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Journal Writing Project: Andy Wolter

Fri, Mar 7th, 2003
Posted in Columnists

You’ll never figure everything out. That’s life, no matter how much you hope and plan, there is nothing to guarantee anything will ever work. I guess that’s what makes life worth living, the fact you will never figure everything out, and the fact that it could change drastically or end at any moment. Think about it, you could’ve crashed your car on the way to work this morning and now instead of reading the paper at the end of the day, you could be in intensive care, or worse.

That is how much a life could change in a matter of hours, (or minutes or seconds) and that isn’t even too drastic in the big swing of things considering people are hurt or killed in car crashes all the time -- it just won’t happen to us we all think, right?

Not that I am pessimistic most everything goes two ways, for all I know, you could’ve got a lottery ticket on the way to work this morning, and now you never have to worry about work again if you know what I mean, but that doesn’t happen to us right?

I guess death and winning a hundred million (or so) dollars could be considered extreme examples of bad and good luck, but luck might be something so sublime -- to a point where you could never notice it, most people don’t think about it at all. Luck could be being randomly late enough to avoid a drunk driver who could’ve potentially killed you, that’s good luck most people seem not to notice.

Examine the intricacy of life some time. Everything you know as familiar and standard is the product of millions of random occurrences that could’ve been altered by nearly anything, at least I think so. We’ve all heard the term “I was in the right place at the right time” we all could be at the “right place” at the “right time” considering we’ve all been to a lot of places and a lot of “times,” unless you’ve managed to skip reality somehow.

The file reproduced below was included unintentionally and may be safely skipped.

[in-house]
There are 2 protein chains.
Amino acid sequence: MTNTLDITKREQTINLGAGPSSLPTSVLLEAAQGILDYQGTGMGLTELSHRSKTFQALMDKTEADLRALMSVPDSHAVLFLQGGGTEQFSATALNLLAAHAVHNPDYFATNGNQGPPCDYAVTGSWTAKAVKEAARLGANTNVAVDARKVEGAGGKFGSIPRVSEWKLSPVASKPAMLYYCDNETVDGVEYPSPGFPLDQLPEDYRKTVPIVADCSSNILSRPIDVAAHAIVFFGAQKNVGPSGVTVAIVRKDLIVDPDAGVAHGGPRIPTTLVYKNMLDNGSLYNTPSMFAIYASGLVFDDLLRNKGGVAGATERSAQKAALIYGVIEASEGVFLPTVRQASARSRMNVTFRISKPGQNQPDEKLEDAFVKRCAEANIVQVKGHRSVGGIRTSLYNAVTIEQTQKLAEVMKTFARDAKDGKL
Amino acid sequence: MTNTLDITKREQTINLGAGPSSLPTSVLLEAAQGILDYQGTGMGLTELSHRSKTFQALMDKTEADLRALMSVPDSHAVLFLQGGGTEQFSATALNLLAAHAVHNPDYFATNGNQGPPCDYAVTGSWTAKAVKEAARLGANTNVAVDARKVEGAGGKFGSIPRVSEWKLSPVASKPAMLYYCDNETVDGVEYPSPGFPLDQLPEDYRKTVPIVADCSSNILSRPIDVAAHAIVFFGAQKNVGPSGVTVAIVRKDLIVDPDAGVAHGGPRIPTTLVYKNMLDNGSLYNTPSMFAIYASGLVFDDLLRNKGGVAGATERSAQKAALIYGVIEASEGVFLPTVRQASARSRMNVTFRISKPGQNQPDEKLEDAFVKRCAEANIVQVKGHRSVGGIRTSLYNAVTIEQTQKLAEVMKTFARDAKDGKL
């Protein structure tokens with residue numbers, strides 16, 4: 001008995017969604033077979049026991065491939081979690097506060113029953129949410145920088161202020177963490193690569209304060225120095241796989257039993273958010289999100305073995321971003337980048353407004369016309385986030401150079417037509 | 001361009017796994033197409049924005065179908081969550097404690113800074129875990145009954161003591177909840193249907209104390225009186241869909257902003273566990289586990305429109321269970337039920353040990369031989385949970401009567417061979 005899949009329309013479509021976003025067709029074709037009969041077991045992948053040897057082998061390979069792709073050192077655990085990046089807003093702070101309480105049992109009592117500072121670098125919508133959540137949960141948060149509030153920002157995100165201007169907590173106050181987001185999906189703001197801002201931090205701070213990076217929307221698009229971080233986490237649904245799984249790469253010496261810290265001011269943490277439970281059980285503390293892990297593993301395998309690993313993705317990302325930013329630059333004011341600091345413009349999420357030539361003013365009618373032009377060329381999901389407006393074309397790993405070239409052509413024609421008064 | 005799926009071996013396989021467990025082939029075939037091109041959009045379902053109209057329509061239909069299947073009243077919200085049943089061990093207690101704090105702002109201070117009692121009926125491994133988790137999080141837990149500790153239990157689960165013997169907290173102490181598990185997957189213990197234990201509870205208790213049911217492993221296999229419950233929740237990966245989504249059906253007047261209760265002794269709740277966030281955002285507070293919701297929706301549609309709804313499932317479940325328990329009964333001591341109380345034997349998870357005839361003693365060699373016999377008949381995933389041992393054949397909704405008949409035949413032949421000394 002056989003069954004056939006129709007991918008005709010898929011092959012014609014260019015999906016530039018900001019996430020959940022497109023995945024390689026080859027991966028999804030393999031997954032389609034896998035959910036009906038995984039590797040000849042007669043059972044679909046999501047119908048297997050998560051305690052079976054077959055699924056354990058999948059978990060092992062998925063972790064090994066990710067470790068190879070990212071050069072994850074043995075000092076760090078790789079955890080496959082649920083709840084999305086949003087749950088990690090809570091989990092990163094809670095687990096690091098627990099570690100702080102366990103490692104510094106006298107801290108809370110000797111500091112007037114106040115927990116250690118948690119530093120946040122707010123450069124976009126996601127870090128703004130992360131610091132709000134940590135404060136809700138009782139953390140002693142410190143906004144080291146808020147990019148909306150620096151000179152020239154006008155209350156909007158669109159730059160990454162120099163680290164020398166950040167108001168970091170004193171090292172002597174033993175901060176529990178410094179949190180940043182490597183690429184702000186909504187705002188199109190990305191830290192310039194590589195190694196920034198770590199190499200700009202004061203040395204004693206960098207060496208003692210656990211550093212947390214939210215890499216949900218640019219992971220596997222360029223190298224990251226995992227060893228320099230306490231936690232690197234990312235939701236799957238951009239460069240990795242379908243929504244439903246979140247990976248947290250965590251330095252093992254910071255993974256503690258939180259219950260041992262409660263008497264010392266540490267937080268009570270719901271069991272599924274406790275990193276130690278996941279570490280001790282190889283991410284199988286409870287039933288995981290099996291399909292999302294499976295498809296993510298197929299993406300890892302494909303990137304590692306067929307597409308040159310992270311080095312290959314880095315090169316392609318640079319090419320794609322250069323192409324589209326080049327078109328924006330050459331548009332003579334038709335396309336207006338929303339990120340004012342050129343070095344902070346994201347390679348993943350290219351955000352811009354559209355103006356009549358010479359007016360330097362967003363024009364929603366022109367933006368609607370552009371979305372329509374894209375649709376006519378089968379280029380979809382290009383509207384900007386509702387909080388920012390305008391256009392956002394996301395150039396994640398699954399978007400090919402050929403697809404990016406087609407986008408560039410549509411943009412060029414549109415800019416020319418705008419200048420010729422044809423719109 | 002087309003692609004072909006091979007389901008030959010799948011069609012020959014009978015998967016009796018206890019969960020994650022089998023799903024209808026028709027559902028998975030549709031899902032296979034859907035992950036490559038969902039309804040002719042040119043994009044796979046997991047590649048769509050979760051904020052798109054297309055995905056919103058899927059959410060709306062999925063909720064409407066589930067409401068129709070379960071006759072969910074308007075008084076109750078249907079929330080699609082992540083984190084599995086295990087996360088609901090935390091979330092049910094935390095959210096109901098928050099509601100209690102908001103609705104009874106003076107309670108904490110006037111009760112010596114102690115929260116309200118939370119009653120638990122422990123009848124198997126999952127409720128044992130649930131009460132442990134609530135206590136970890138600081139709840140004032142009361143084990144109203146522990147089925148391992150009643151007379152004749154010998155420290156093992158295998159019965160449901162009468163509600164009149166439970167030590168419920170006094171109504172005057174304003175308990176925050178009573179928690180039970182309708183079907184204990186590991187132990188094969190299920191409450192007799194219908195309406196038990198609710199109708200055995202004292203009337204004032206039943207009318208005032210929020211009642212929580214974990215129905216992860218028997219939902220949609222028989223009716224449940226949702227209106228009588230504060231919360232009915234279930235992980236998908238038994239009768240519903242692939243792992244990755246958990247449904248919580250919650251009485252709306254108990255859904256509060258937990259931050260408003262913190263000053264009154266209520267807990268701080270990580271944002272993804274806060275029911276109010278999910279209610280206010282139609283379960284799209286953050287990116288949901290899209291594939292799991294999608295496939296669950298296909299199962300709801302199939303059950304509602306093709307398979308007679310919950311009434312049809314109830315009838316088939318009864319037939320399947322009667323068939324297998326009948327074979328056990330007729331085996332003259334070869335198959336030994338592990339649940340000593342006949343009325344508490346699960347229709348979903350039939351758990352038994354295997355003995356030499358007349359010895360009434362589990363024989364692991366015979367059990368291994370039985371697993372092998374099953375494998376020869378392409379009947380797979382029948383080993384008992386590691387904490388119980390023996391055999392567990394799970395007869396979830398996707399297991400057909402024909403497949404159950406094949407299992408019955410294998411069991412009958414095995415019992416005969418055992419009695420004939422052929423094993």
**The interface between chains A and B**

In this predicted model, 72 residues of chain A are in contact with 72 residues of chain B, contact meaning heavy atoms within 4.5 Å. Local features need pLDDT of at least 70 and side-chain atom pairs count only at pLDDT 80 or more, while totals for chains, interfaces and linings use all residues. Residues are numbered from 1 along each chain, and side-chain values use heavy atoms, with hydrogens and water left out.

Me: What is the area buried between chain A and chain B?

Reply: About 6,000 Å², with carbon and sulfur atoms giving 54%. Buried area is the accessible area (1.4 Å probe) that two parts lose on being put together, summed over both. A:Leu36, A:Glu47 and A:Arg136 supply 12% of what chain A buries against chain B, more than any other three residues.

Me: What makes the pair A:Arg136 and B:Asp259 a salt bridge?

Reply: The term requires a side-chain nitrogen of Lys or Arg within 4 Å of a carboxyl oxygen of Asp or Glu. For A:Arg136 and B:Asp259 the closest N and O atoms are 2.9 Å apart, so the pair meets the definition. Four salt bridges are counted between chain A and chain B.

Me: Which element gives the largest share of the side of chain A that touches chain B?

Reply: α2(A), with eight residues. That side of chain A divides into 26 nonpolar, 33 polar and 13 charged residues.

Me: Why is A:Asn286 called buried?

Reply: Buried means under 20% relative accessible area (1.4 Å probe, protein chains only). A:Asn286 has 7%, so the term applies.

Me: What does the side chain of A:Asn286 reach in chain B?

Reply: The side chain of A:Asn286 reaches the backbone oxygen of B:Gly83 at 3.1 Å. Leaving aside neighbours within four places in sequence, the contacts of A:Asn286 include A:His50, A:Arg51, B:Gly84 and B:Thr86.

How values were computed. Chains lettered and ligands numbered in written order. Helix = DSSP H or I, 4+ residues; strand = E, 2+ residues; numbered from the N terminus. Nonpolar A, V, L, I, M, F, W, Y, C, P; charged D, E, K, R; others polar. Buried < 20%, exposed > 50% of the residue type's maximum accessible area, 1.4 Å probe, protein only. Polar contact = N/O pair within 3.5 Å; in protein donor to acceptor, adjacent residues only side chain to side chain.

Thinking about intricacy, try looking at it on a genetic level. How unique one person can be, in reality, is staggering. Has anyone ever called you “one in a million?” They aren’t doing justice to reality, I’ll tell you “Here’s something to think about: one human couple can produce 70,368,774,177,664 (70 trillion) variations of offspring. That’s only combining two people. Take into consideration that there are more than 6,000,000,000 people on Earth anyone want to figure out how many different ways you could pair 6,000,000,000 people? The odds of you being you are mind boggling.

In some ways you could think of life like a race track where no one is necessarily in a higher place or “faster” than anyone else; no one will ever do exactly the same thing as someone else, but people are more or less doing random things. (Not that things are meaningless, but every action you take is determined by where you are, or where you have been; I mean you wouldn’t be reading this if you live in Utah, and have never even heard of Fillmore County.) Then when and if two people’s paths will ever cross is determined by the order of every action taken, and the length of time that action took. Here is an example: Two people are walking around a big town, they have never met, and they are not intending to meet, or go to the same place at all. Person one is waiting in a line for lunch at a street vendor’s. Person one eventually gets his food, and goes on his way. As he is walking down the street, he dodges a bystander who had stopped to tie his/her shoe. Person one wasn’t looking where he was dodging, and accidentally bumped into Person two, who had just happened to pass him at that exact moment. Say Person one accidentally knocks a book out of Person two’s arms, and as he stops to pick the book up and return it to Person two, he notices that he is currently reading the same book. Person one mentions the coincidence, and chats shortly about the book with Person two.

Not a big incident, but everything that happened was a direct result of everything that had happened earlier (and possibly long before) that meeting. They would not have met if anything had happened differently; their meeting more or less hinged on the fact that some random bystander noticed his/her shoe was untied. It almost seems too simple, an untied shoe could change any number of things.

It’s interesting, life. It never ceases to confuse and entertain me, and I don’t think I’d enjoy being alive if I ever figured it out, life I mean.

Andy Wolter is a student at Rushford-Peterson High School.The Journal Writing Project focuses on the writing of area young people.

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